Atelier n°. 11, article 13

Paul Mcgeough :
Sydney Morning Herald,March 9, 2002

The Lone Ranger

THIS is a new and scary world. A scoop in Time magazine this week revealed the post-September 11 security nightmare of a US intelligence alert that terrorists were smuggling a 10 kiloton Russian-made nuclear device into Manhattan. It didn't happen but a bomb that size could kill 100,000.

And in The New Yorker, a State Department official told Seymour Hersch: "The last thing we want is to hit Baghdad and have al-Qaeda hit Chicago. We'd look real bad. When we go to Iraq, we'll do it right." Note the "when", not "if". Today's United States is so pumped up on its own military and economic power not to mention its seething anger at what happened on September 11 that it is becoming fearless and unnervingly certain as it leads the world to a place that looks like the darker days of the Cold War.

The Attorney-General, John Ashcroft, articulates the problem: "A calculated, malignant, devastating evil has arisen in our world. Civilisation cannot afford to ignore the wrongs that have been done." And Vice-President Dick Cheney articulates the solution: "The United States, and only the United States, can see this effort through to victory."

And on the road to victory anything can be justified.

There is a clamour to give back the CIA's authority to assassinate, and shock troops are being dispatched around the globe as places that were humanitarian cot cases (ie, not of great concern to Washington) become countries of strategic interest (ie, good places from which to start or end wars).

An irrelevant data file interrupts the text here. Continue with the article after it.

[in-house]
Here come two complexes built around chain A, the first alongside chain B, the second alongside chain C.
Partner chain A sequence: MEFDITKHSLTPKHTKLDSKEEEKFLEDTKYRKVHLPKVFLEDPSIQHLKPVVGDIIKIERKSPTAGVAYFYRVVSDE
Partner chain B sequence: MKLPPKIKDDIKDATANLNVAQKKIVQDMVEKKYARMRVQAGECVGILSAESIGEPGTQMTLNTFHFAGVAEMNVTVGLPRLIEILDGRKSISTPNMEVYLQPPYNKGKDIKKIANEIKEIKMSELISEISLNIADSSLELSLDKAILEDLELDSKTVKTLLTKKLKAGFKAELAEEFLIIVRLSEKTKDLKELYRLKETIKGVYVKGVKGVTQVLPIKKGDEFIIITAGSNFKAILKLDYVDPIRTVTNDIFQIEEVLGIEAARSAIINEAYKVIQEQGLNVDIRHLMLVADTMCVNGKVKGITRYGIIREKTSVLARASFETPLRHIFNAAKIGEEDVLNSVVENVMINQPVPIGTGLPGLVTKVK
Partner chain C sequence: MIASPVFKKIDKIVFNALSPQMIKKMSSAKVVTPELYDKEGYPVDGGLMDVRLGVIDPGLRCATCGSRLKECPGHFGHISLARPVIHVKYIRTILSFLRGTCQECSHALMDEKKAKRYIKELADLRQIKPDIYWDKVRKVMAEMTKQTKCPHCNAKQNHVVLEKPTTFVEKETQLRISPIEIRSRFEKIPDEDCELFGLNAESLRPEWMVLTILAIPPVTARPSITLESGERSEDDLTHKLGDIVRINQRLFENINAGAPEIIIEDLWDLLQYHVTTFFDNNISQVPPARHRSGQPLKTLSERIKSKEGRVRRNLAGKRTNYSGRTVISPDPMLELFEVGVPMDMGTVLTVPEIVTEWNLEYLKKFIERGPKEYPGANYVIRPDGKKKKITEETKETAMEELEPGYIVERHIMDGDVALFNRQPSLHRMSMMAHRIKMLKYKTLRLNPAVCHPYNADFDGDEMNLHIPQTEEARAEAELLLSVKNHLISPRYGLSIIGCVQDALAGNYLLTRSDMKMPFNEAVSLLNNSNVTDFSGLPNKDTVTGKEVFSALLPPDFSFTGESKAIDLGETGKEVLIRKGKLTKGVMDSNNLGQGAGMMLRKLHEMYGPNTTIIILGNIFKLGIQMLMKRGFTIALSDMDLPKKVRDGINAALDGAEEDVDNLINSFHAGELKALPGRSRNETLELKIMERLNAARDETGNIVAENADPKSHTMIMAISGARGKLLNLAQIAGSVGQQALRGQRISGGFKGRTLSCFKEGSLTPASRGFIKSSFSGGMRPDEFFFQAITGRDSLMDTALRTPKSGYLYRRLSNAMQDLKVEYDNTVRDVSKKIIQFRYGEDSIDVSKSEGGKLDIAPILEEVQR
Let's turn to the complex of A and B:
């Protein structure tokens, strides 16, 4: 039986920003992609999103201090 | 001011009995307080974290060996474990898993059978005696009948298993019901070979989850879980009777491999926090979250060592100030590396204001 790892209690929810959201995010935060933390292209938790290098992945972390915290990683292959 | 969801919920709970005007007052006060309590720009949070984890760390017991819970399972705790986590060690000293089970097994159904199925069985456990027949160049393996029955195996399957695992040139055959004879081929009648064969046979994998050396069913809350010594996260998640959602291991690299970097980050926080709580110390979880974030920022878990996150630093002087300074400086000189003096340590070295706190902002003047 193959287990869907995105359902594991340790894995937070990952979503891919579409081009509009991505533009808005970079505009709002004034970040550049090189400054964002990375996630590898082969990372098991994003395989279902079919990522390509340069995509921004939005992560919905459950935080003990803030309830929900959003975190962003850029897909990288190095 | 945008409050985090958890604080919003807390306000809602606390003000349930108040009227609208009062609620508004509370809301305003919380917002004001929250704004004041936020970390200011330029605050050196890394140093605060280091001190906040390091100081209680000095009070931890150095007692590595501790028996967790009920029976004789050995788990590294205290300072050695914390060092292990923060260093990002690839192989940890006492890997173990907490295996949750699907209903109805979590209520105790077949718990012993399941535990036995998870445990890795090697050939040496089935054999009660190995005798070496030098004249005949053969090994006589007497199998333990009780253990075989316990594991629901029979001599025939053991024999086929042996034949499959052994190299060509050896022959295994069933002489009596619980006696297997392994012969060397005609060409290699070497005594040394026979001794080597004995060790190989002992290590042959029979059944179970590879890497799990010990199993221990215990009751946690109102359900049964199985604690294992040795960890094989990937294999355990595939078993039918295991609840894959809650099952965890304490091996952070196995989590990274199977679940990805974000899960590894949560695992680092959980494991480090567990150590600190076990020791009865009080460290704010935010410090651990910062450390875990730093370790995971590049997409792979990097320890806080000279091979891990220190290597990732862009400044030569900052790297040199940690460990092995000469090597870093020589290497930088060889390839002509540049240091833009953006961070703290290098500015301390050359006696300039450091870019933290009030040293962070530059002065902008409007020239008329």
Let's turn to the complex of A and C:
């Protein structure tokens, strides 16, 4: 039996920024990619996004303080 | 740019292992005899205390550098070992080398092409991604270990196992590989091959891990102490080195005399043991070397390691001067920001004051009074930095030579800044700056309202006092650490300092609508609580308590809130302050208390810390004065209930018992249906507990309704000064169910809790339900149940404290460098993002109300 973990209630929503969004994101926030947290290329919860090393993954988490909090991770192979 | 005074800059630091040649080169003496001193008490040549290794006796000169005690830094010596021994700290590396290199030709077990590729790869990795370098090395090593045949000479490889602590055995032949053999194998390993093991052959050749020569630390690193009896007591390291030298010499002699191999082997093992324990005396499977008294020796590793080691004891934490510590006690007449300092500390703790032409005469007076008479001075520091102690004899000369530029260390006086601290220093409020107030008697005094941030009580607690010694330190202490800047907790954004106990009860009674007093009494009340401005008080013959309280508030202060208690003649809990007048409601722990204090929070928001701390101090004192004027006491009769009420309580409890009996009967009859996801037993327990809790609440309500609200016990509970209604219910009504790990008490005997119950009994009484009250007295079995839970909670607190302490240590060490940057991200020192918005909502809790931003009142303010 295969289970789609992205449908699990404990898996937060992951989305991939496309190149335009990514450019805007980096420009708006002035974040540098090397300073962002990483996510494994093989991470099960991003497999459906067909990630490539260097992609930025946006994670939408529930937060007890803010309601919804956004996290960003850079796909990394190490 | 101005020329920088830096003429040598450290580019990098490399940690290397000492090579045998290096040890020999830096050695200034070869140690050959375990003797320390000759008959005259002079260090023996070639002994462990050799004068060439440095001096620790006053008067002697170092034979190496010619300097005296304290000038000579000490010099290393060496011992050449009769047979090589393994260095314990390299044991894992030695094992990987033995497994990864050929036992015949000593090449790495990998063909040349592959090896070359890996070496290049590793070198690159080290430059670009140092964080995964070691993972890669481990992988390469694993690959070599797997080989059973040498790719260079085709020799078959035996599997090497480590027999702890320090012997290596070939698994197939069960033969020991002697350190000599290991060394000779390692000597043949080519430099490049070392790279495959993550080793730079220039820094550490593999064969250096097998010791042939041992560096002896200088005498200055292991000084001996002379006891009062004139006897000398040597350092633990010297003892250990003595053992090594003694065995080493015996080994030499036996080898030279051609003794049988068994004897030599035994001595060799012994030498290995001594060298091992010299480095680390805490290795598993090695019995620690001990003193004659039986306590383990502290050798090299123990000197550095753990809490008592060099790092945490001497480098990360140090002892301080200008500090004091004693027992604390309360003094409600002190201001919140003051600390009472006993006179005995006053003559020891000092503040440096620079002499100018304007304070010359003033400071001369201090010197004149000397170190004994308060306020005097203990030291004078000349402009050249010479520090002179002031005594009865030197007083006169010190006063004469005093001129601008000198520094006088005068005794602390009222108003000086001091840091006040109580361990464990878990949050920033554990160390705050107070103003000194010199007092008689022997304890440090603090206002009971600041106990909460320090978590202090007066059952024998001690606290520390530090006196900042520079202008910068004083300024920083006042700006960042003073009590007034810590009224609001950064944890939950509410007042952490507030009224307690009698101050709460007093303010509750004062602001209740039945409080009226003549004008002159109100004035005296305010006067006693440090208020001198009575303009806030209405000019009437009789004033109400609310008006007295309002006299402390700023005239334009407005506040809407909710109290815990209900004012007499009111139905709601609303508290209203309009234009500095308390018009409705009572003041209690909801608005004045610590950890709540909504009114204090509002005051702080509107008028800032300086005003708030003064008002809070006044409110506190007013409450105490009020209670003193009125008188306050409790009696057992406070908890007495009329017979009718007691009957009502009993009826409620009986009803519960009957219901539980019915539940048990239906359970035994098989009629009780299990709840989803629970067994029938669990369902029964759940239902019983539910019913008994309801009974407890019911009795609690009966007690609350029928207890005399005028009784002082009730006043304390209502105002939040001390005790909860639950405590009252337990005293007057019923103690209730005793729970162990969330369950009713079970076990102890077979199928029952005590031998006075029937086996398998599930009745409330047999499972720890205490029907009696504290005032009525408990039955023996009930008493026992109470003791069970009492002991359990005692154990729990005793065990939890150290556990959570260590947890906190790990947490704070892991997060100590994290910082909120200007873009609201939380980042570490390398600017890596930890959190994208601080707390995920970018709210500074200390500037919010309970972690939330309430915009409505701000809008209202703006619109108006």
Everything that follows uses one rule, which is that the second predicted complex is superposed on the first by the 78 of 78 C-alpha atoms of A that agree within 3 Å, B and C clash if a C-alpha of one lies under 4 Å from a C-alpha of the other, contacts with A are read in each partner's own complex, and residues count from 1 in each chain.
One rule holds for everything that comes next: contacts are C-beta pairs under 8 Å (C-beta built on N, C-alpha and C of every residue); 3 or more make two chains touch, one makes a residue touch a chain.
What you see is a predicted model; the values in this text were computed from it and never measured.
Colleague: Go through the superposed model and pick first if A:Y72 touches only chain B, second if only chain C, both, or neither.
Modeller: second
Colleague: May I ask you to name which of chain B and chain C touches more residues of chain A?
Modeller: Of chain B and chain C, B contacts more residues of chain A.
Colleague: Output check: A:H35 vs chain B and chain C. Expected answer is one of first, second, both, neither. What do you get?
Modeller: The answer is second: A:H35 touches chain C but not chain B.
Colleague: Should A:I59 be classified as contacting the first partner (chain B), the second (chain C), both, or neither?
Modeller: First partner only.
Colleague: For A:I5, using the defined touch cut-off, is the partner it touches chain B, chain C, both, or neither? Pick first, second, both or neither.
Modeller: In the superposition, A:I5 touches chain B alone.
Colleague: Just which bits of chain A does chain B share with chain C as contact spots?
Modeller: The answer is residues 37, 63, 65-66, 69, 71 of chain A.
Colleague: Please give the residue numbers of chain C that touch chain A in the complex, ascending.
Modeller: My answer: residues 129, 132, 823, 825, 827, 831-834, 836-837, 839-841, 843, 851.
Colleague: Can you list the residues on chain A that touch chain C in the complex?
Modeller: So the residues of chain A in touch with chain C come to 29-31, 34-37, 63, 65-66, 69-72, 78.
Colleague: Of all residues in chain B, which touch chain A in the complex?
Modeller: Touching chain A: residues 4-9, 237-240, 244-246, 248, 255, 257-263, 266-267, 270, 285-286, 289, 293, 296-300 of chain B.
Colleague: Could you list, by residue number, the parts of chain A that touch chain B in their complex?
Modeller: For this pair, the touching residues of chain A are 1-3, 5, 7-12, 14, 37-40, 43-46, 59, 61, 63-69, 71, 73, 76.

A shadow US government has been set up in undisclosed bunkers away from the capital, in the event of a more damaging second terrorist attack on Washington.

Civil rights are being crimped; the President tried to argue that prisoners in the Afghan war should not be covered by the Geneva Convention; and White House spinmeister Ari Fleischer cautioned the nation that in times like these "people have to watch what they say, watch what they do".

On campus, it is becoming dangerous to say what you think an intimidating "blame and shame" list of more than 100 academics and students who questioned aspects of the war against terrorism is being circulated.

An army of news reporters wanting to cover the Afghanistan war in all its unvarnished detail keeps knocking at the Pentagon's door. But only the infotainment crews from Hollywood, led by Jerry "Top Gun" Bruckheimer, are allowed in.

And the Pentagon was only mildly embarrassed by the revelation that the duty list for its new Office of Strategic Influence would include spreading false stories in the foreign press so now, it outsources the dirty work. But if a multibillion-dollar PR contract to convince the Arab world that Iraq's Saddam Hussein was sexually impotent failed in the wake of the Gulf crisis, what would it take to convince the so-called Arab street that Osama bin Laden is a pedophile or a terrorist?
The country's absurd system of farm subsidies about $20 billion a year which The Washington Post describes as "the mother of all pork" has been put beyond question in public debate with a presidential decree that the farmers' cheques are about national security. Ditto this week's dramatic steel tariff decision by the President who says he's a champion of free trade.

The key objectives of the war against terrorism have not been met as best we can tell bin Laden is still alive and, though they have scattered, so too are much of his al-Qaeda leadership and the trained operatives they are assumed to have in place around the globe.